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Service held in the Capitol Rotunda on Tuesday for Capitol Police Officer William Evans, formerly of Clarksburg.

Police, First-Responders to Escort Evans Through North County

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NORTH ADAMS, Mass. — The city will honor native son William Evans on Wednesday evening as he is returned to Northern Berkshire for burial.
Evans, a member of the U.S. Capitol Police, was killed on Friday, April 2, when a driver slammed his car into a checkpoint he was guarding at the Capitol.
He will be escorted home in a procession that will travel along Route 2, turning at the Veterans Memorial to proceed down Main Street and from there along Route 8 to the Paciorek Funeral Home in Adams, which is handling the arrangements for the private funeral Mass and burial.
"I know that Officer Evans and his family have deep roots in the city of North Adams and the town of Clarksburg, and in our local schools," said Mayor Thomas Bernard. "His tragic loss is a shock for all of us, and for his friends, classmates, and colleagues locally and in his career as a United States Capitol Police Officer who knew, loved, and always will miss him. I hope that everyone in our community who is able will take part in this demonstration of respect for Officer Evans and support for his family as they return to our community."
Evans was raised in North Adams and Clarksburg and was a graduate of Drury High School. He served with the U.S. Capitol Police since 2003 and was a member of the Capitol Division's First Responder's unit.
He lay in state in the Capitol Rotunda on Tuesday, the sixth private citizen to be so honored and the fourth Capitol Police officer. 
"I'm sure all those memories from North Adams and Clarksburg never changed who Billy was," said President Biden, speaking at Tuesday's service and describing Evans as "defined by his dignity, his decency, his loyalty, and his courage."
Speaking to Evans family, he said he understood the pain of losing a child, a spouse. The president lost his first wife and daughter in a car crash, and buried a son who died from cancer.
"Losing a son, daughter, brother, sister, mom, dad — it's like losing a piece of your soul. But it's buried deep, but it comes back," he said. "Your son, your husband, your brother, your dad was a hero. And he's part of you. It's in your blood.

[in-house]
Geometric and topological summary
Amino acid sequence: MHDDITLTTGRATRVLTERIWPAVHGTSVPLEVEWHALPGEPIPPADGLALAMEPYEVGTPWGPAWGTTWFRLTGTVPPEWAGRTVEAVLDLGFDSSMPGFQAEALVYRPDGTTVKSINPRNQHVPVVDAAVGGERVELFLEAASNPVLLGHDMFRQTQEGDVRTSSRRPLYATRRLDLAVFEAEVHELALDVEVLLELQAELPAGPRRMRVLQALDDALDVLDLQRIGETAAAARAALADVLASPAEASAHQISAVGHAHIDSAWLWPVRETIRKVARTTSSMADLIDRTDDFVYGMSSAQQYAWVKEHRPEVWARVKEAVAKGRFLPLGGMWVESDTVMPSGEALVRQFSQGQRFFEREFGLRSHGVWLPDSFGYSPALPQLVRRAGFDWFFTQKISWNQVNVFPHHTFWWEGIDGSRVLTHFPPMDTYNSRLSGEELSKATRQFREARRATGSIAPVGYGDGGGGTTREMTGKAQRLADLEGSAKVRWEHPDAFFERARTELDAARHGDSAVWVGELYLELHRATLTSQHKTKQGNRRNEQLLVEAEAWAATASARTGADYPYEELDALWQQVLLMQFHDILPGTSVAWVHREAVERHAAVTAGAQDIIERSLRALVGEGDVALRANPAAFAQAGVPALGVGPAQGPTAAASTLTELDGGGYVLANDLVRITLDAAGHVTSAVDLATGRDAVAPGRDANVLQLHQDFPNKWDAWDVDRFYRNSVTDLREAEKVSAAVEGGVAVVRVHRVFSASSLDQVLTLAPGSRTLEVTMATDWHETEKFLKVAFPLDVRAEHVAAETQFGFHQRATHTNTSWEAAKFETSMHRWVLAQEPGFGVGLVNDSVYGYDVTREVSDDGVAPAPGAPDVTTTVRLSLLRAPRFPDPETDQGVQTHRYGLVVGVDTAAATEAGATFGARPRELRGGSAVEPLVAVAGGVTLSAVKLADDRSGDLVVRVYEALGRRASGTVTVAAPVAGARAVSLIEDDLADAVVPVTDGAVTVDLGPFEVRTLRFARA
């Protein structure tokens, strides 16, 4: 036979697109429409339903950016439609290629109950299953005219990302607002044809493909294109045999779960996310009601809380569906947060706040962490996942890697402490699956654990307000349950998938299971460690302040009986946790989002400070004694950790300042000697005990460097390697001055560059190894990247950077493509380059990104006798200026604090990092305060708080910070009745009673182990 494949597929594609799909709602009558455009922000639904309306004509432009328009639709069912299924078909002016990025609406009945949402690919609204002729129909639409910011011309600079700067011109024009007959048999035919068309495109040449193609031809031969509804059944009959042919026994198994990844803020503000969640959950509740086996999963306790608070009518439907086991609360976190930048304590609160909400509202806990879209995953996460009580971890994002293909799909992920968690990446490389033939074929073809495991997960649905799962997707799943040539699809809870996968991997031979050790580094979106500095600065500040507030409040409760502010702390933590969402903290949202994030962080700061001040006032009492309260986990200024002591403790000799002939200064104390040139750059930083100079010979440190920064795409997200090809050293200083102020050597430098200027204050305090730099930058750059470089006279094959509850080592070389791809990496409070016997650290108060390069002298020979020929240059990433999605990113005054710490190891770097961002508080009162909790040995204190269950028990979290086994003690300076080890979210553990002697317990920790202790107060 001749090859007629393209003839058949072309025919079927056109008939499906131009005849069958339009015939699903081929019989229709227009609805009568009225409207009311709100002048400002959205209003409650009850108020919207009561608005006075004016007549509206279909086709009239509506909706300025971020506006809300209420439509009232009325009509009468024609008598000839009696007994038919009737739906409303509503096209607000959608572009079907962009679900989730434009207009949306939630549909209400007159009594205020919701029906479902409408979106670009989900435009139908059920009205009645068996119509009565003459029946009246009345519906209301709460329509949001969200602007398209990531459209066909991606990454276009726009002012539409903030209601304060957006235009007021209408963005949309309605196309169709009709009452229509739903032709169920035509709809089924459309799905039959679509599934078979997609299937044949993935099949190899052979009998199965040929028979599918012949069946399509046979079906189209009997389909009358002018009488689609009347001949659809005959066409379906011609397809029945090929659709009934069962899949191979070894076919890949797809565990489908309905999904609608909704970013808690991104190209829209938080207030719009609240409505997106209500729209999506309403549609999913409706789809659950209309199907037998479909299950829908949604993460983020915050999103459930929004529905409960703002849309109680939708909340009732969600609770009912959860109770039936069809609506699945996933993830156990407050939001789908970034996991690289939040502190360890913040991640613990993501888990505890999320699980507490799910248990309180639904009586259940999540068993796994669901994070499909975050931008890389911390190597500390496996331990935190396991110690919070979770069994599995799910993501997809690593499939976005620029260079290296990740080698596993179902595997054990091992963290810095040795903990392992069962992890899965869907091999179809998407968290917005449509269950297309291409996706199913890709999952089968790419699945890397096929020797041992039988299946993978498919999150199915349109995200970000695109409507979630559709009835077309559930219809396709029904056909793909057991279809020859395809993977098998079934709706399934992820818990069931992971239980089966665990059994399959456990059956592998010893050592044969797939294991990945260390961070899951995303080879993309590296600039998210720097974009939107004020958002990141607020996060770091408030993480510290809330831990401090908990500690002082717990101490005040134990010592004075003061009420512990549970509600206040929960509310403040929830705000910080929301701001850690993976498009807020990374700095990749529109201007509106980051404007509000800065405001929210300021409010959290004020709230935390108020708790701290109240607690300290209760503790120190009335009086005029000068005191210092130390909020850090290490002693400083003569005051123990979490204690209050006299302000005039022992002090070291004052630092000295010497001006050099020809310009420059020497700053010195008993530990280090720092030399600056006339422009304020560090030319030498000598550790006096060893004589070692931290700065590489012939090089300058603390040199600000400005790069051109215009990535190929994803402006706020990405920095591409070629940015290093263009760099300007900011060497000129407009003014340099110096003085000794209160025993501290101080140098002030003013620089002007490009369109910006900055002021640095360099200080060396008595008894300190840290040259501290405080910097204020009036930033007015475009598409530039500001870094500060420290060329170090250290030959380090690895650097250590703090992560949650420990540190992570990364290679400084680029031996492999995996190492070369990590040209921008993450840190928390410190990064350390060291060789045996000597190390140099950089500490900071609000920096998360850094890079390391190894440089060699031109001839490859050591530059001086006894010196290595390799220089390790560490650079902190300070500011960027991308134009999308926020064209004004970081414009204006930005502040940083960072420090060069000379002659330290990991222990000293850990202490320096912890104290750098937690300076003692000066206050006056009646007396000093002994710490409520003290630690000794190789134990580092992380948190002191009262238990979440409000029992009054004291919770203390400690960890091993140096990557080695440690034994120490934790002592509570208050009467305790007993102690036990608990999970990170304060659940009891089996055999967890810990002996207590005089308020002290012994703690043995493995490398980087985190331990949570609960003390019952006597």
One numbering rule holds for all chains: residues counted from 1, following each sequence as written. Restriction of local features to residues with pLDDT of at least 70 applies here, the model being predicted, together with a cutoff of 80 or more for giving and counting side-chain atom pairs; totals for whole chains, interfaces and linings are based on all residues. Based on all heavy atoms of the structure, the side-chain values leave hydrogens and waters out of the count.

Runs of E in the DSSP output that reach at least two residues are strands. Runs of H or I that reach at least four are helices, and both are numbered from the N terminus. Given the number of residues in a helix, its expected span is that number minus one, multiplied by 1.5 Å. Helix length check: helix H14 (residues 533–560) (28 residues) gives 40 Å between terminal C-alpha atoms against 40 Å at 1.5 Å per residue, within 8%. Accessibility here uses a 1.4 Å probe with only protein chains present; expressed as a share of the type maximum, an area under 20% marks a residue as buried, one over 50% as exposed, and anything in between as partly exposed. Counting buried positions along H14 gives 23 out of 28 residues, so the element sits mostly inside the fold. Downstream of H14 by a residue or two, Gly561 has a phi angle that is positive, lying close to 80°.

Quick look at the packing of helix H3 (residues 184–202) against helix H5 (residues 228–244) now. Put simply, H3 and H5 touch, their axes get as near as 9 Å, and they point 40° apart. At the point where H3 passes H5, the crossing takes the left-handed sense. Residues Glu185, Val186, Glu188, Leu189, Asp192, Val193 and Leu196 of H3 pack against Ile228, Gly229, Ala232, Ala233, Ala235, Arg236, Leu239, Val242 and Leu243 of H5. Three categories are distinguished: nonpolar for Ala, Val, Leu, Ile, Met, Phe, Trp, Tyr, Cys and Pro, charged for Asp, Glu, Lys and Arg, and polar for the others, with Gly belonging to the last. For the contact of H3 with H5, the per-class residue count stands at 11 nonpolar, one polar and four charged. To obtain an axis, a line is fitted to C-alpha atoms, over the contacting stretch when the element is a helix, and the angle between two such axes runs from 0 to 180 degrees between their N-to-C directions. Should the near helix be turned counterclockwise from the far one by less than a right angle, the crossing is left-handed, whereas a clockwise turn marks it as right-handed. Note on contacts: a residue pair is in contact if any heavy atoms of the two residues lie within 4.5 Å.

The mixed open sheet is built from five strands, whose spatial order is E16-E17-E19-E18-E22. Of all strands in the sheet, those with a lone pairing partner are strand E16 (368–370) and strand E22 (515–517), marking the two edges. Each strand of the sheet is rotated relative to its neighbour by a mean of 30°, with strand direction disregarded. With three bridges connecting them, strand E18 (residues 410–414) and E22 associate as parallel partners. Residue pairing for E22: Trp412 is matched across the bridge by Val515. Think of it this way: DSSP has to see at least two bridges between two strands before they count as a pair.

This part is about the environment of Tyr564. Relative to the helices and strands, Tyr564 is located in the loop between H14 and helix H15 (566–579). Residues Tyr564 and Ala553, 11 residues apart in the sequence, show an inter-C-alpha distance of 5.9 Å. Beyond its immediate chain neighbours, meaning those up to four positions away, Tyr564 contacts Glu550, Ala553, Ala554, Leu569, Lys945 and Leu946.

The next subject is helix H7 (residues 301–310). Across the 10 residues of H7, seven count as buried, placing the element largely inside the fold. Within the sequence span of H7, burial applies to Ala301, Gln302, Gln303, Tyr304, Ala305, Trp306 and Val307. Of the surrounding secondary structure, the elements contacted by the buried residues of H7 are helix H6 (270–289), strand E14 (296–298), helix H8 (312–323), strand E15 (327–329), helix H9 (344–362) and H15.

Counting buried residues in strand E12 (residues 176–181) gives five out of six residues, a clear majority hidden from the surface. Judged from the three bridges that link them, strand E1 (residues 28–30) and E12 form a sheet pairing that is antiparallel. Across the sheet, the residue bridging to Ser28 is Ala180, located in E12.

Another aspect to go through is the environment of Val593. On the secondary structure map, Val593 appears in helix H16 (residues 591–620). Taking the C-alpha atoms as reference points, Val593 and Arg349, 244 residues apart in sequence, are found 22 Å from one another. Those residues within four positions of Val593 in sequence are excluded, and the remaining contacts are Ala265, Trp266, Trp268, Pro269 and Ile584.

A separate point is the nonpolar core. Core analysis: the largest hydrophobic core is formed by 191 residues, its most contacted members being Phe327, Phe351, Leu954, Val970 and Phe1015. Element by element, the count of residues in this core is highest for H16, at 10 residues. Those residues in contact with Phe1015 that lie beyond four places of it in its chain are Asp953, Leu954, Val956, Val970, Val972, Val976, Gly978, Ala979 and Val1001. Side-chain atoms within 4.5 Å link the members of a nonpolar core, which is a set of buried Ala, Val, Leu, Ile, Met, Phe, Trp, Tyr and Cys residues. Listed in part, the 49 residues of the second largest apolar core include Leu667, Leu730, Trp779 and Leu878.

"My prayer for you is that moment when a smile comes before the tear, quicker than longer."
Wednesday's procession will feature state and local first-responders and is expected to reach North Adams at approximately 7:30 Wednesday evening. 
Members of the North Adams community are invited to gather along Main Street and in front of City Hall to pay their respects as the procession makes its way through the city. Because the procession will pass through the city around nightfall, people are encouraged to carry small flashlights or candles to light up the procession route and to show support for Officer Evans, his family and friends, and the community that mourns his loss.
In recognition of the ongoing COVID-19 pandemic community members who wish to pay respect to Evans during the procession are encouraged to wear face coverings and to practice physical distancing to the greatest degree possible.
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Mass MoCA Readies for Summer Restaurant, Season

By Tammy DanielsiBerkshires Staff

A conceptual image of the restaurant.
NORTH ADAMS, Mass. — A Georgian restaurant out of New York City is planning a pop-up eatery at Massachusetts Museum of Contemporary Art this summer.
The Mass MoCA Commission on Wednesday approved the seasonal restaurant to occupy the former Gramercy space, specifically the courtyard near the museum entrance. The restaurant would operate from Memorial Day until some time September.
"The operators for this pop-up restaurant are coming to us from Manhattan, where they run two restaurants with Georgian — as in, over-in-Europe Georgian — style food, and they recently, last year pre-COVID, hosted a dinner event for us so we got to know them and their delicious food," said Tracy Moore, the museum's interim director. "They would operate as many days as they could in the beginning as they staff up and ultimately gearing towards full lunch and dinner operations that comport with Mass MoCA hours."
Tamara Chubinidze, a native of Tbilisi, Georgia, opened Chama Mama in New York City in 2019 and has had plans to expand. The restaurant is appearing before 
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